Study Shows Low Morbidity, Mortality Rates For Patients Treated With Cytoreductive Surgery Combined With Hyperthermic Intraperitoneal Chemotherapy
Researchers at Roswell Park Cancer Institute (RPCI) have determined that cytoreductive surgery combined with hyperthermic intraperitoneal chemotherapy (CS/HIPEC), a complex procedure to treat advanced abdominal cancers, can be done safely, and may be an effective therapy for select patients. Study results are published in the June issue of Cancer Medicine.
“There has been much discussion as to whether there is a benefit with this procedure, and historically it has been associated with a lot of risk. However, reviewing our data in patients treated with CS/HIPEC over the last decade showed a statistically significant benefit in terms of survival, with low morbidity and low mortality,” said Joseph J. Skitzki, M.D., surgical oncologist at RPCI.
CS/HIPEC is a targeted treatment approach in which tumors that have spread through the lining of the abdomen are removed and then heated chemotherapy is perfused throughout the abdomen, with the intent of killing any remaining cancer cells that may be present after all visible disease has been removed surgically. The chemotherapy is administered in high dosages to the targeted area and washed out after 90 minutes, thereby limiting the systemic toxicity. The procedure usually takes eight to 18 hours and is most commonly used to treat appendiceal, colorectal, or mesothelioma tumors including those that have had failed standard chemotherapy and/or prior surgeries, according to Skitzki. RPCI has been utilizing HIPEC for more than a decade and, in a multidisciplinary setting, the results have been encouraging.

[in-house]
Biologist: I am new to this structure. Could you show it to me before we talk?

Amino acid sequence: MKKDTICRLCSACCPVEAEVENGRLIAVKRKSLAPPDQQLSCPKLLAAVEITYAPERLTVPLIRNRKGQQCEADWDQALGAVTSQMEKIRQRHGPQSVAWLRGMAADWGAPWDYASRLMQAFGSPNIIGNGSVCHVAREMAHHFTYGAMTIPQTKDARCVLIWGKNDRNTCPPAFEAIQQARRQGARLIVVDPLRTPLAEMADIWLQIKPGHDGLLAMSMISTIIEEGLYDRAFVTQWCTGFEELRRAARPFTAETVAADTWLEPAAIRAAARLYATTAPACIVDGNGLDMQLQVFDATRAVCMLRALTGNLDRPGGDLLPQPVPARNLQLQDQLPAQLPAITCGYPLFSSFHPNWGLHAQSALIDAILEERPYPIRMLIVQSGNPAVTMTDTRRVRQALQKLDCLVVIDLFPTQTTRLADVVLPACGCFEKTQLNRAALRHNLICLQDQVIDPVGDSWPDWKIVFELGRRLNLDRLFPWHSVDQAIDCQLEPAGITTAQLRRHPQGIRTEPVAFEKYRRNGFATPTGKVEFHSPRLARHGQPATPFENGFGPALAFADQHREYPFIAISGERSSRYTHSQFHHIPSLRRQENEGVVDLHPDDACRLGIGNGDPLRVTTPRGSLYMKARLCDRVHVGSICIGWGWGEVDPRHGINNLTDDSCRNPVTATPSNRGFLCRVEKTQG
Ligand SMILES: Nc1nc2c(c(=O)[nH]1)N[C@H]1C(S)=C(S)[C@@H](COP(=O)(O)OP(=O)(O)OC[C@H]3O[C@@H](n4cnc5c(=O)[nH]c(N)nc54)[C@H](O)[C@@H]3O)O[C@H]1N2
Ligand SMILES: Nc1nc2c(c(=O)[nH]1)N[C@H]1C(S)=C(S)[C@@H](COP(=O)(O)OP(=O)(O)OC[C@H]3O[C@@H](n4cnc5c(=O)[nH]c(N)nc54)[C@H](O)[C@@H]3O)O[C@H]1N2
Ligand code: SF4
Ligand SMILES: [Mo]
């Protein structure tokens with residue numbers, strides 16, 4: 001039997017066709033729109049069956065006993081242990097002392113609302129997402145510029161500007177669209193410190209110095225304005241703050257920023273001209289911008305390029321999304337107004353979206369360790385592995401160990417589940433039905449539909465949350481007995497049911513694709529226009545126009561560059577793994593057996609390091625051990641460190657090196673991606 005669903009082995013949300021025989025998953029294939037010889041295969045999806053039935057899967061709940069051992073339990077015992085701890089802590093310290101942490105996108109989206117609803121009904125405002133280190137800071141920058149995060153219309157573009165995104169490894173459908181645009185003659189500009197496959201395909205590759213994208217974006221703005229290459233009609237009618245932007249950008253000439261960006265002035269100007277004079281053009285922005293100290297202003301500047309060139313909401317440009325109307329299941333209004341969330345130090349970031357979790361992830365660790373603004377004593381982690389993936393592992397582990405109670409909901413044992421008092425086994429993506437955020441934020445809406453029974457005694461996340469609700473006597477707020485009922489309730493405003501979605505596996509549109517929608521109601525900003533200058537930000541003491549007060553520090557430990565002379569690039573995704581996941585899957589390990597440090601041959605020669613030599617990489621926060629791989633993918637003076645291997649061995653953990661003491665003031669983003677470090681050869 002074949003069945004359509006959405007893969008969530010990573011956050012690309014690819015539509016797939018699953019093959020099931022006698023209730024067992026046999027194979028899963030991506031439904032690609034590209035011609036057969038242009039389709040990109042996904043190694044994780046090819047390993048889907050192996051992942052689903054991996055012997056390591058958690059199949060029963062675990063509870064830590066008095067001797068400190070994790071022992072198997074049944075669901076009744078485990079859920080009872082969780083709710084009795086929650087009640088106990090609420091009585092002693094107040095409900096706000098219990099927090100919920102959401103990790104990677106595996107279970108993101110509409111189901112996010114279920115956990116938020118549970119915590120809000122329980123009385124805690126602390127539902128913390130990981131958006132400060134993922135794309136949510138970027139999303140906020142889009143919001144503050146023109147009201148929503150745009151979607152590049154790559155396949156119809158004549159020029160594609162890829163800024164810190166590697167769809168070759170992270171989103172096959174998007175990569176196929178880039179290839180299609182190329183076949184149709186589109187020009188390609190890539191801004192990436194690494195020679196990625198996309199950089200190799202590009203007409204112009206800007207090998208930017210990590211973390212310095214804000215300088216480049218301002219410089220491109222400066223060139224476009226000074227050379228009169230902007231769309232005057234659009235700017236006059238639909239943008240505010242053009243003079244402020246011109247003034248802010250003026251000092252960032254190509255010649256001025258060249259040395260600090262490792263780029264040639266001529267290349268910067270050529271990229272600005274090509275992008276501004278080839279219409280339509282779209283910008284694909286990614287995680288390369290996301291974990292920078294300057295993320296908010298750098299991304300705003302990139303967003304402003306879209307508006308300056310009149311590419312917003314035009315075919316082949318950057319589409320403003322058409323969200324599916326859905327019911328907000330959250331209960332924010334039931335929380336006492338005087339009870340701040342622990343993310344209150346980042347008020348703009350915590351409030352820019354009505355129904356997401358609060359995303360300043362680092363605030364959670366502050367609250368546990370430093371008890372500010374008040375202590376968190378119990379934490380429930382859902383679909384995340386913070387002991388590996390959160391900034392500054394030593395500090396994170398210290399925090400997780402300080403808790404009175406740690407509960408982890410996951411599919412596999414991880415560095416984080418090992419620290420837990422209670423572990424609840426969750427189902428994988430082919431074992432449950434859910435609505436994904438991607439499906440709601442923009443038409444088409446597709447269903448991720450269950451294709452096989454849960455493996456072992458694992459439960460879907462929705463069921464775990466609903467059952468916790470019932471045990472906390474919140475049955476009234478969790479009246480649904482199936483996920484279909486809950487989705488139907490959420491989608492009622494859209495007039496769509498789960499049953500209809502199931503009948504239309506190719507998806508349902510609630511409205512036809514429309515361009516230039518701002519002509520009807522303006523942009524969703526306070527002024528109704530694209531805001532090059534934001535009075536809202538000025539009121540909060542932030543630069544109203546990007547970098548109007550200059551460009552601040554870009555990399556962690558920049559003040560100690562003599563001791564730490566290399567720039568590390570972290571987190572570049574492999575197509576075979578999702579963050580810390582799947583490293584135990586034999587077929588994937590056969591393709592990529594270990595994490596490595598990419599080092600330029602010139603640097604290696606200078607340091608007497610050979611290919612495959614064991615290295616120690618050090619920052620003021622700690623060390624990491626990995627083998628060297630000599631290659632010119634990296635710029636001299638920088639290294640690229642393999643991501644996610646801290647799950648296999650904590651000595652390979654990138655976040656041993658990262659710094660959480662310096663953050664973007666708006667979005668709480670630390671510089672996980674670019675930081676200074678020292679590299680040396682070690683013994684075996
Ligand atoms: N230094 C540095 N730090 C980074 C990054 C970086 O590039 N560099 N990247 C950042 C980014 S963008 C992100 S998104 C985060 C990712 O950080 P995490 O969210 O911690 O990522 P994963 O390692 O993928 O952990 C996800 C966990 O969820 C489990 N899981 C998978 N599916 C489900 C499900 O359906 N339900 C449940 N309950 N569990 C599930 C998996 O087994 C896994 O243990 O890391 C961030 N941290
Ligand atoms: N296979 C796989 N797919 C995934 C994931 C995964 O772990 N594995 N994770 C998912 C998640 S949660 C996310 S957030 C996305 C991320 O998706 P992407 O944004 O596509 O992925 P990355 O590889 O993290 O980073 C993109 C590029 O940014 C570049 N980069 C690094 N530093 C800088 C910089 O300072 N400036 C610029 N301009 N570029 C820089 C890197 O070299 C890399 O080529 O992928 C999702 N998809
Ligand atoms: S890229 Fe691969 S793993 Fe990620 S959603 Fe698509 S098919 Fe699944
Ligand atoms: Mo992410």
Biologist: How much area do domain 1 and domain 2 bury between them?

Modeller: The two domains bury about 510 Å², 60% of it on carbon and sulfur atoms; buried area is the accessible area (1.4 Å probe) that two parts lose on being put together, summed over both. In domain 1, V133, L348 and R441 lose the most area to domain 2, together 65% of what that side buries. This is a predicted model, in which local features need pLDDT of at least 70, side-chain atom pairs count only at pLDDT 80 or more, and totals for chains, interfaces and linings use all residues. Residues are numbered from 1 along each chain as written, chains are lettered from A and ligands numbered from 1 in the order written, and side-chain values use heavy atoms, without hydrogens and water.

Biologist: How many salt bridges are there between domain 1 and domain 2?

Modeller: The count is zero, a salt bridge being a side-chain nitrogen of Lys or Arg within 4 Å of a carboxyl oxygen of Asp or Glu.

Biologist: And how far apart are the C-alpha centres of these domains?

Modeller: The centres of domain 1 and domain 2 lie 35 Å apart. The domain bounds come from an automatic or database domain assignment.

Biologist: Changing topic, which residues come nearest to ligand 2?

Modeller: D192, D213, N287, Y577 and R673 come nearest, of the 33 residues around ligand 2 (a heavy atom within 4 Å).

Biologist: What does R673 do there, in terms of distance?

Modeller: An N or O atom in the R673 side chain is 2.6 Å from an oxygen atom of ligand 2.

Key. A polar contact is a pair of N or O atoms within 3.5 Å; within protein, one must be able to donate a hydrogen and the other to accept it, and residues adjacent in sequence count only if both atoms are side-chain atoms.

For this study, Skitzki and colleagues conducted a retrospective analysis of data from 2003-2011 to determine the morbidity, mortality and survival for 112 patients (mean age 53 years) who underwent CS/HIPEC at RPCI. Half of the patients received systemic chemotherapy indicative of a multidisciplinary approach. At 30 days after surgery, there were no mortalities, and at 60 days, 2.7% of patients had died. Complications were similar to what could be expected from other complex oncologic surgeries, according to Skitzki. Further, five-year survival varied by tumor site, origin and anatomy and was 38.2% for colorectal cancers. To put this in perspective, more than 1 out of 3 patients with stage IV colon cancer treated with CS/HIPEC survived for at least five years, with some never having a recurrence. Historical survival rates for peritoneal colorectal carcinoma, by comparison, have often been measured in months, with almost no survivors five years out.
“HIPEC is an extremely invasive procedure that an increasing number of cancer centers across the United States offer,” he said. “Our research shows that when it’s used for appropriate candidates as part of a multidisciplinary treatment approach in an experienced setting, outcomes will be favorable compared to standard combination therapy, with the added benefit of shorter-term side effects.”
This research was conducted in conjunction with researchers at the University at Buffalo, University of Michigan, Mount Sinai Hospital and the University of Toronto, and was funded, in part, by the National Cancer Institute (P30 CA016056). The study is available online at http://goo.gl/WT50q.
Roswell Park Cancer Institute (RPCI)